Data effort improves flow toward greener chemistry
Jeopardy answer: Death Valley and "ionic liquids." Correct question: Where does a little bit of water make a whole lot of difference?
Molecular "space filling" models demonstrate the difference in size for the positively charged "anion" (top image) and the negatively charged "cation" (bottom left) that combine to form a promising ionic liquid. It is still a mystery how the much smaller water molecule (right) can have such a large effect on the viscosity of such ionic liquids.
Scientists at the National Institute of Standards and Technology (NIST) report* that flow properties for a relatively new class of alternative solvents called ionic liquids are extremely sensitive to tiny amounts of water. For example, for one of these solvents, just a 0.01 percent increase in water dissolved into a sample, caused a 1 percent decrease in flow resistance--a 100-fold effect. The finding should be helpful in the design of new industrial processes such as chemical separations that are both more efficient and more environmentally friendly.
Ionic liquids are salts. Just like table salt, ionic liquids consist of two components, one positively and one negatively charged. Unlike most simple salts, however, most of these new solvents are liquid at room temperature.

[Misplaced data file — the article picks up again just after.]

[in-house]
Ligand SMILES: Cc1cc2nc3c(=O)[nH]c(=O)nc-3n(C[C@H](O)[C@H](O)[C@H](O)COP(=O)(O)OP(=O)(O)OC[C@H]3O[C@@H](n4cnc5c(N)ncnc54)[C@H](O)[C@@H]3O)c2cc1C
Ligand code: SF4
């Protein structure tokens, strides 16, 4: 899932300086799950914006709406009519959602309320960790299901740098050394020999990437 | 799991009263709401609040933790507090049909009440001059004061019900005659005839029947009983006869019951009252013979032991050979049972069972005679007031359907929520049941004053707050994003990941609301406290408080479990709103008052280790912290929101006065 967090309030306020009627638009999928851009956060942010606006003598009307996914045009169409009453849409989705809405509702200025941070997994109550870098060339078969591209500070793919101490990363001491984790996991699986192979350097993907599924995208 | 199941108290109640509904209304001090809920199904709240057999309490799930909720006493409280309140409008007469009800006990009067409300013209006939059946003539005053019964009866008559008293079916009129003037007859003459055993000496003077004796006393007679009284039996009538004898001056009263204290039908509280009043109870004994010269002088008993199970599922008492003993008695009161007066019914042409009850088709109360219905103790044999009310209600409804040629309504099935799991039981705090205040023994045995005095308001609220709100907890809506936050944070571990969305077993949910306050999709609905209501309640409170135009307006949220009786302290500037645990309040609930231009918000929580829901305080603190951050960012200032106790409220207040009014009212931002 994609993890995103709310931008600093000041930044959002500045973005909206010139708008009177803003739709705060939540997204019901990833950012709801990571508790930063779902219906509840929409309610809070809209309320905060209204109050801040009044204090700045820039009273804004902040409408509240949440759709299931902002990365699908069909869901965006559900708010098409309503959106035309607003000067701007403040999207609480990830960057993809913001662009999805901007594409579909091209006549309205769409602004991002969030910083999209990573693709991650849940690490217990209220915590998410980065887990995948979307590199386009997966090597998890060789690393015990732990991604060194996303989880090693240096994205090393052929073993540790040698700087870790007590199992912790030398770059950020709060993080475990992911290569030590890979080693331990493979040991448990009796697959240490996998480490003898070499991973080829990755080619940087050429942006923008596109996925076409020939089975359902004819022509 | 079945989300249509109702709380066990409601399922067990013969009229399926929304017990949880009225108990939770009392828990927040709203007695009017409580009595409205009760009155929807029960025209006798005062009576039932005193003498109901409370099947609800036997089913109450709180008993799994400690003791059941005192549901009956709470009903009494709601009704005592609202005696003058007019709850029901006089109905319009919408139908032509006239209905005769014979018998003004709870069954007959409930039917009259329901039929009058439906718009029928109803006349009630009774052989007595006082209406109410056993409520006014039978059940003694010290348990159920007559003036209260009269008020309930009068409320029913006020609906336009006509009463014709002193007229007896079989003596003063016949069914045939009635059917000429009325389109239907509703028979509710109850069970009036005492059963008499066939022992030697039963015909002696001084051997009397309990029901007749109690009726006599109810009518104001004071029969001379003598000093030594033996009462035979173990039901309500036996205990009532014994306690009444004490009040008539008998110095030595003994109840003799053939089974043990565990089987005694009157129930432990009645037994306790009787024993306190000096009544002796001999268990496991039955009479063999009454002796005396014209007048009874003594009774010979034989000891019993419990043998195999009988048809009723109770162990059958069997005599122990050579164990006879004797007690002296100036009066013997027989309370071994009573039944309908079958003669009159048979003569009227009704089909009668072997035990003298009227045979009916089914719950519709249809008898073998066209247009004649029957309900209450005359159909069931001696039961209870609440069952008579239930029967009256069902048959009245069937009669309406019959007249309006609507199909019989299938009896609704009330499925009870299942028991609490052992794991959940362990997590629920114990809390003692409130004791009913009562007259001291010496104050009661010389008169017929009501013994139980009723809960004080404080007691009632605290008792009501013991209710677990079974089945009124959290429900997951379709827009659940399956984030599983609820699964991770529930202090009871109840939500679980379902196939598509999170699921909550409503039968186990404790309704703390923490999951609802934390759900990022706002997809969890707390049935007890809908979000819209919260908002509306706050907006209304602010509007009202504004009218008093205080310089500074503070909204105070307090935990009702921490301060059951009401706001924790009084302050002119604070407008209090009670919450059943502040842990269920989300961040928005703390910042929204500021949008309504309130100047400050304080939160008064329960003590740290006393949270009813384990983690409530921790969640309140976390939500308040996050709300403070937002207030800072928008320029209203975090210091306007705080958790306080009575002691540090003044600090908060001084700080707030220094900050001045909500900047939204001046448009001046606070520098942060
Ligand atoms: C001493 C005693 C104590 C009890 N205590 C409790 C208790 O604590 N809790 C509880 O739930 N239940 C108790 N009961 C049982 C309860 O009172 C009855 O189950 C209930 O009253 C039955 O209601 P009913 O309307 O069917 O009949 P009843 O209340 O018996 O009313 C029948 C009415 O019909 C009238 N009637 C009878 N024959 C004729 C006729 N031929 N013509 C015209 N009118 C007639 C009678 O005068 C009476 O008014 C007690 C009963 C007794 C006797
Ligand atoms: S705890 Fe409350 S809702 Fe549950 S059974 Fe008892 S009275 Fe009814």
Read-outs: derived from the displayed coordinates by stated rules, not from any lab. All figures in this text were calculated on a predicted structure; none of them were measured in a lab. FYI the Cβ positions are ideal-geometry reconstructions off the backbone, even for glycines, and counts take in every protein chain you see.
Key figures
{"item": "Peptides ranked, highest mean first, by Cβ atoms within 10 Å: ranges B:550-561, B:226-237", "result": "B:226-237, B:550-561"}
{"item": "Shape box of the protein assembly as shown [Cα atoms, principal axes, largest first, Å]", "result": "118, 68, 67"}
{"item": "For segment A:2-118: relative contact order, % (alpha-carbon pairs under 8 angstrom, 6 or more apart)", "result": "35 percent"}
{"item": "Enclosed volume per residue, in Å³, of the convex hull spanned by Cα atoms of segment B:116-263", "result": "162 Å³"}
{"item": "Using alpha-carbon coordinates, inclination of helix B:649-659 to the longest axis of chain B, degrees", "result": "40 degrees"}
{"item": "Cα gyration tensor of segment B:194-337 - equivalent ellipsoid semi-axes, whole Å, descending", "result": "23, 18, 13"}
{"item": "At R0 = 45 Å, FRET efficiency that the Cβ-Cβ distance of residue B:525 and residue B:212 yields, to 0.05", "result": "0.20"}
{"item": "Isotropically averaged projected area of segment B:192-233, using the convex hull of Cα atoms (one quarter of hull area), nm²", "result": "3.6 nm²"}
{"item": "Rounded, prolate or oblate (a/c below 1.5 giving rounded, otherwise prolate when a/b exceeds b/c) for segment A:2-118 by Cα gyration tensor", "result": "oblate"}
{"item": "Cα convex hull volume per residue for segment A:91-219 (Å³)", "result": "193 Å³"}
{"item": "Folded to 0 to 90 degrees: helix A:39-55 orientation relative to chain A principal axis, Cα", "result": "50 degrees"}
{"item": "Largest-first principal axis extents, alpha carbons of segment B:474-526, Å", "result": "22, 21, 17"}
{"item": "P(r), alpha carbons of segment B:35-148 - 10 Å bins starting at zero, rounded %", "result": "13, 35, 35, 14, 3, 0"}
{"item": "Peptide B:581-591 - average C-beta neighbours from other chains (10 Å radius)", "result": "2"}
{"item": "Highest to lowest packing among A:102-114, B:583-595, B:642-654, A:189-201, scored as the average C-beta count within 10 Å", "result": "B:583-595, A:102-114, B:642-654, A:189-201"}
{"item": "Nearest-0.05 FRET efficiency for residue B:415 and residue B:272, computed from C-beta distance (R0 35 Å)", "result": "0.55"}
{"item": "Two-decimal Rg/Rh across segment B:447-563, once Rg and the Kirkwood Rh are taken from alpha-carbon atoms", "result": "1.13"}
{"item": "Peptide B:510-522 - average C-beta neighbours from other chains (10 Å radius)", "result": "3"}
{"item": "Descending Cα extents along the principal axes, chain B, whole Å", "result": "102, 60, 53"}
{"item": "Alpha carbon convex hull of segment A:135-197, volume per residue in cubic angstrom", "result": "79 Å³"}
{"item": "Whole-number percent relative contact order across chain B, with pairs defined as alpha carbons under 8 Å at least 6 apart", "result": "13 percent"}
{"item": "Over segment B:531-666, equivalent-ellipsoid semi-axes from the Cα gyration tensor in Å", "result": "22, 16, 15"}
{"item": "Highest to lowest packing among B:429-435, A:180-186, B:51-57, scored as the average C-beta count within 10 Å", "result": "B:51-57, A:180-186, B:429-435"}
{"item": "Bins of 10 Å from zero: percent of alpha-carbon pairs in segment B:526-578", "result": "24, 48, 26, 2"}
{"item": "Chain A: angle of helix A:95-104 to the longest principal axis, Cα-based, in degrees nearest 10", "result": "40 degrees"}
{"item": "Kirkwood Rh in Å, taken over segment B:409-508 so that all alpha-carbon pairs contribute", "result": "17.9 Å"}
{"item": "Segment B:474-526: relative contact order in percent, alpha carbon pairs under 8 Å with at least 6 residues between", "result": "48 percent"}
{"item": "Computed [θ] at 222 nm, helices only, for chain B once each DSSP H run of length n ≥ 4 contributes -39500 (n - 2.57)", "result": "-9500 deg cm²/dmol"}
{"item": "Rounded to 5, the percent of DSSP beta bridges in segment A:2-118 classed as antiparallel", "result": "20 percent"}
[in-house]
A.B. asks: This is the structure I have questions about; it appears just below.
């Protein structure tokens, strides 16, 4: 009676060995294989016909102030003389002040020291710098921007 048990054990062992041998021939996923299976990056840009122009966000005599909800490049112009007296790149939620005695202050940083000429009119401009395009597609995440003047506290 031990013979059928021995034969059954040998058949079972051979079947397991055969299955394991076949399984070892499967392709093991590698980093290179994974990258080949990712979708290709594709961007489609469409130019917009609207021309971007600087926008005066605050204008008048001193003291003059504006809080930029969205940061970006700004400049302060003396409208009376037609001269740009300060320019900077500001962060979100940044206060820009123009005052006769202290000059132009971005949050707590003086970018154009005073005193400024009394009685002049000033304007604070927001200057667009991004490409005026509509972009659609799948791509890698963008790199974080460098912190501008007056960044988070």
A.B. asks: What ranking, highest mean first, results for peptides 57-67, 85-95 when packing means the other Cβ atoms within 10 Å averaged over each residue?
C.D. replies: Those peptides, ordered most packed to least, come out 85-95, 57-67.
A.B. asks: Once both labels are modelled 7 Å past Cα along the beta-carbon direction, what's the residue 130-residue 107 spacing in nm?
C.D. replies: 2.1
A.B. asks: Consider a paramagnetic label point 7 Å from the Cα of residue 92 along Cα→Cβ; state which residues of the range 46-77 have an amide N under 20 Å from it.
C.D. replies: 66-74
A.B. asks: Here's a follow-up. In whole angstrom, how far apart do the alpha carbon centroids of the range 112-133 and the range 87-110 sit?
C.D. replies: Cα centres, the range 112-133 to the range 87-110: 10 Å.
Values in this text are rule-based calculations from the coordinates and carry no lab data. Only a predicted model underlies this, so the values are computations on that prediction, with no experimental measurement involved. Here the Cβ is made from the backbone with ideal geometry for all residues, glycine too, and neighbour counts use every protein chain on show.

"People in industry are very interested in using ionic liquids because unlike most organic solvents, they dont evaporate and they are not flammable," explains NISTs Jason Widegren, lead author on the paper.
However, before ionic fluids can be used widely in industrial processes, reliable property data on characteristics like flow resistance (viscosity), density and thermal conductivity must be collected.
The new data help explain why reproducible measurements of viscosity for ionic liquids have been very difficult to achieve and published results have differed by 30 percent or more. Even the slightest contamination of samples with water vapor absorbed from the air dramatically affects measurements. The NIST group avoided these problems by carefully drying their samples and measuring water content both before and after each viscosity measurement.
The NIST work is part of a larger effort, conducted in conjunction with the International Union of Pure and Applied Chemistry, to perform "round robin" thermophysical property testing on the most promising ionic fluids and make the resulting data available to the scientific community.
Gail Porter | EurekAlert!
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